Interrelationships between Housing Transitions and Fertility in Britain and Australia

Lead Research Organisation: University of Bristol
Department Name: Education

Abstract

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Publications

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Ermisch J (2012) Residential Mobility: Wealth, Demographic and Housing Market Effects in Scottish Journal of Political Economy

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Ermisch J (2016) Fertility expectations and residential mobility in Britain in Demographic Research

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Kulu H (2014) Residential context, migration and fertility in a modern urban society. in Advances in life course research

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Spallek M (2014) Holistic housing pathways for Australian families through the childbearing years in Longitudinal and Life Course Studies

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Steele F (2016) A Longitudinal Mixed Logit Model for Estimation of Push and Pull Effects in Residential Location Choice in Journal of the American Statistical Association

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Washbrook E (2014) Investigating non-ignorable dropout in panel studies of residential mobility in Journal of the Royal Statistical Society: Series C (Applied Statistics)

 
Description Several strands investigated the effect of the presence and age of children on migration and residential mobility, with a focus on the methodological challenges in such analyses. One paper compared different approaches to the analysis of household-level decisions using longitudinal individual-level data when household composition changes over time, and introduced new random effects models (Steele, Clarke and Washbrook, Sociological Methodology). These models have also been employed in analysis of residential mobility in Australia (Haynes and Martinez, submitted). In Britain the results show an increased chance of a move during pregnancy and shortly after a birth, but lower mobility among larger families and a decline in mobility with the age of the youngest child. Other methodological research considered the impact of non-ignorable attrition when drop-out is directly influenced by moving home (Washbrook, Clarke and Steele, J. Roy. Stat. Soc. C). Ermisch and Washbrook (Scottish Journal of Political Economy) focused on the effect of housing equity on residential mobility of home-owners under age 45. Moves among this group are likely to be motivated by the desire to 'upgrade' housing in terms of space for additional children or neighbourhood quality. The results suggest that the ability of households to realise their moving desires is inhibited by low equity in their current homes.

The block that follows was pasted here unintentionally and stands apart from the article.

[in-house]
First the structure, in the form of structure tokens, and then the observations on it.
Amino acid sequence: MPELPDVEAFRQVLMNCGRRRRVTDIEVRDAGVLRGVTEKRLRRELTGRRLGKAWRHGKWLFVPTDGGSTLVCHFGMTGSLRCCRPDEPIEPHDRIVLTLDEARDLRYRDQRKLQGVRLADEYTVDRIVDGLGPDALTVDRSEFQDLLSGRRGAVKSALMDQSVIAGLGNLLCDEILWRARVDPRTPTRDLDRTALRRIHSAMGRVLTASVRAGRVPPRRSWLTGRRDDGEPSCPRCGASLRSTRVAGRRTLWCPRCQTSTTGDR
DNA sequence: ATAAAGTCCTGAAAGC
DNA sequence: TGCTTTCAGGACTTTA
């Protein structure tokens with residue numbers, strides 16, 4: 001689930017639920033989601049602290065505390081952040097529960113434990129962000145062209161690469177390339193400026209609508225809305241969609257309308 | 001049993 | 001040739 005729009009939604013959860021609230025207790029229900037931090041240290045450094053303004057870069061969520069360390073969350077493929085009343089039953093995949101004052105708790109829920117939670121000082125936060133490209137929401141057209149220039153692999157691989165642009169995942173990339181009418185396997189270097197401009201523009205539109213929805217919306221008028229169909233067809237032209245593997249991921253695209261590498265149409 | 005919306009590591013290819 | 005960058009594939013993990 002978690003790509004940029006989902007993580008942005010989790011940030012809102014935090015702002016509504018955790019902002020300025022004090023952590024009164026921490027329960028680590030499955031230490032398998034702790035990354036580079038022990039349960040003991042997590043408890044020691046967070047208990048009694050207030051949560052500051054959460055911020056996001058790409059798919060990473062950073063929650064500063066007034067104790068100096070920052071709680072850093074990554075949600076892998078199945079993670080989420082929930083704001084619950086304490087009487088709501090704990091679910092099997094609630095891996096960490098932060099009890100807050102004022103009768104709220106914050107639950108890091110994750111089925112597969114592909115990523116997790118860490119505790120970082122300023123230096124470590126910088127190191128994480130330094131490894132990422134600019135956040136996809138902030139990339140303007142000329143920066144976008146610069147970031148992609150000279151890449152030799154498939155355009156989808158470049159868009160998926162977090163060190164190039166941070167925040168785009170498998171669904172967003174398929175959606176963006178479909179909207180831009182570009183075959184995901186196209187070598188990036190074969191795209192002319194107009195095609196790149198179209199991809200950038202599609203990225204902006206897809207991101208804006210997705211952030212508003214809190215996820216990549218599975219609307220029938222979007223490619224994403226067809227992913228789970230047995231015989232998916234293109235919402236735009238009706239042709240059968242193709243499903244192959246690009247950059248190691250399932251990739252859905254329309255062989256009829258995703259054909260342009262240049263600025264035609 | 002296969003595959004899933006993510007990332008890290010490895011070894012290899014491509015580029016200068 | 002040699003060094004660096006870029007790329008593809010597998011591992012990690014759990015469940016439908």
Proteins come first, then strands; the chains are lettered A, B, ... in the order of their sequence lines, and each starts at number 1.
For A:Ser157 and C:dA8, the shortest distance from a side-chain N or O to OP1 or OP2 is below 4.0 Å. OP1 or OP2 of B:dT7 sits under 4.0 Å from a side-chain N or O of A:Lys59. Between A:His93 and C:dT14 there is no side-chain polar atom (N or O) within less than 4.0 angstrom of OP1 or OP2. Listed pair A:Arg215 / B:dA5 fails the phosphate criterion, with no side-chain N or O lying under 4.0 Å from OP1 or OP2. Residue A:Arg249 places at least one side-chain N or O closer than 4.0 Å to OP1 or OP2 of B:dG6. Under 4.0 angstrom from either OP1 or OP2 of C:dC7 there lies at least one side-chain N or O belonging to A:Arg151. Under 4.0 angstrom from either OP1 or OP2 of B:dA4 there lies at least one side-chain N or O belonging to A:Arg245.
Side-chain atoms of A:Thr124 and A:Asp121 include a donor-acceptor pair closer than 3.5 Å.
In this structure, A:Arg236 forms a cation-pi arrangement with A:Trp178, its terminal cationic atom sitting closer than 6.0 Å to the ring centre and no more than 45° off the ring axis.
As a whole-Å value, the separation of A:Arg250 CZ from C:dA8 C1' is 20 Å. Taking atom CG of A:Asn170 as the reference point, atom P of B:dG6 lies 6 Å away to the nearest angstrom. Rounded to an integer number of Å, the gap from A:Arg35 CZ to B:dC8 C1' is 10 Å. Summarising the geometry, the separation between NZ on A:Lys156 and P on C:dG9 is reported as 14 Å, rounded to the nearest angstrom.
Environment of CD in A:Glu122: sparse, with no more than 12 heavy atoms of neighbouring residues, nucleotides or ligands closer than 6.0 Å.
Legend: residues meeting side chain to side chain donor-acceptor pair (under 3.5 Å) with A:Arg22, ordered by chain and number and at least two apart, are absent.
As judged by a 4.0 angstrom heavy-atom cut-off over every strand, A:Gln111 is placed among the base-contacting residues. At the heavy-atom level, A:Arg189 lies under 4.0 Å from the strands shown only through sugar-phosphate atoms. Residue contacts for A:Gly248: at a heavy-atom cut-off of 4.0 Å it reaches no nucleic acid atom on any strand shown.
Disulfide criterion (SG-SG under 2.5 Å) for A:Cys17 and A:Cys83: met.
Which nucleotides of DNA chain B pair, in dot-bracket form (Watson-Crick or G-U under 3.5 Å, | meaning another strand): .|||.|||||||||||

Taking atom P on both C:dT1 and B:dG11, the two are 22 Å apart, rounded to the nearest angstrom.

Another strand of research investigated spatial variation in fertility and the effect of local house prices. Kulu and Washbrook (Advances in Life Course Research) examined fertility variation between central London, London suburbs, other towns and cities, and small towns and rural areas. The analysis shows that fertility rates increase as settlement size decreases, a pattern that is not explained by migration of couples to smaller settlements in anticipation of childbearing. Washbrook (submitted) used monthly area-level house price data linked to individual-level data to explore the precise timing of the relationship between housing market conditions and fertility responses. The results reveal positive but temporary effects on the fertility of home-owners, in contrast to negative and longer-lasting effects on the fertility of renters.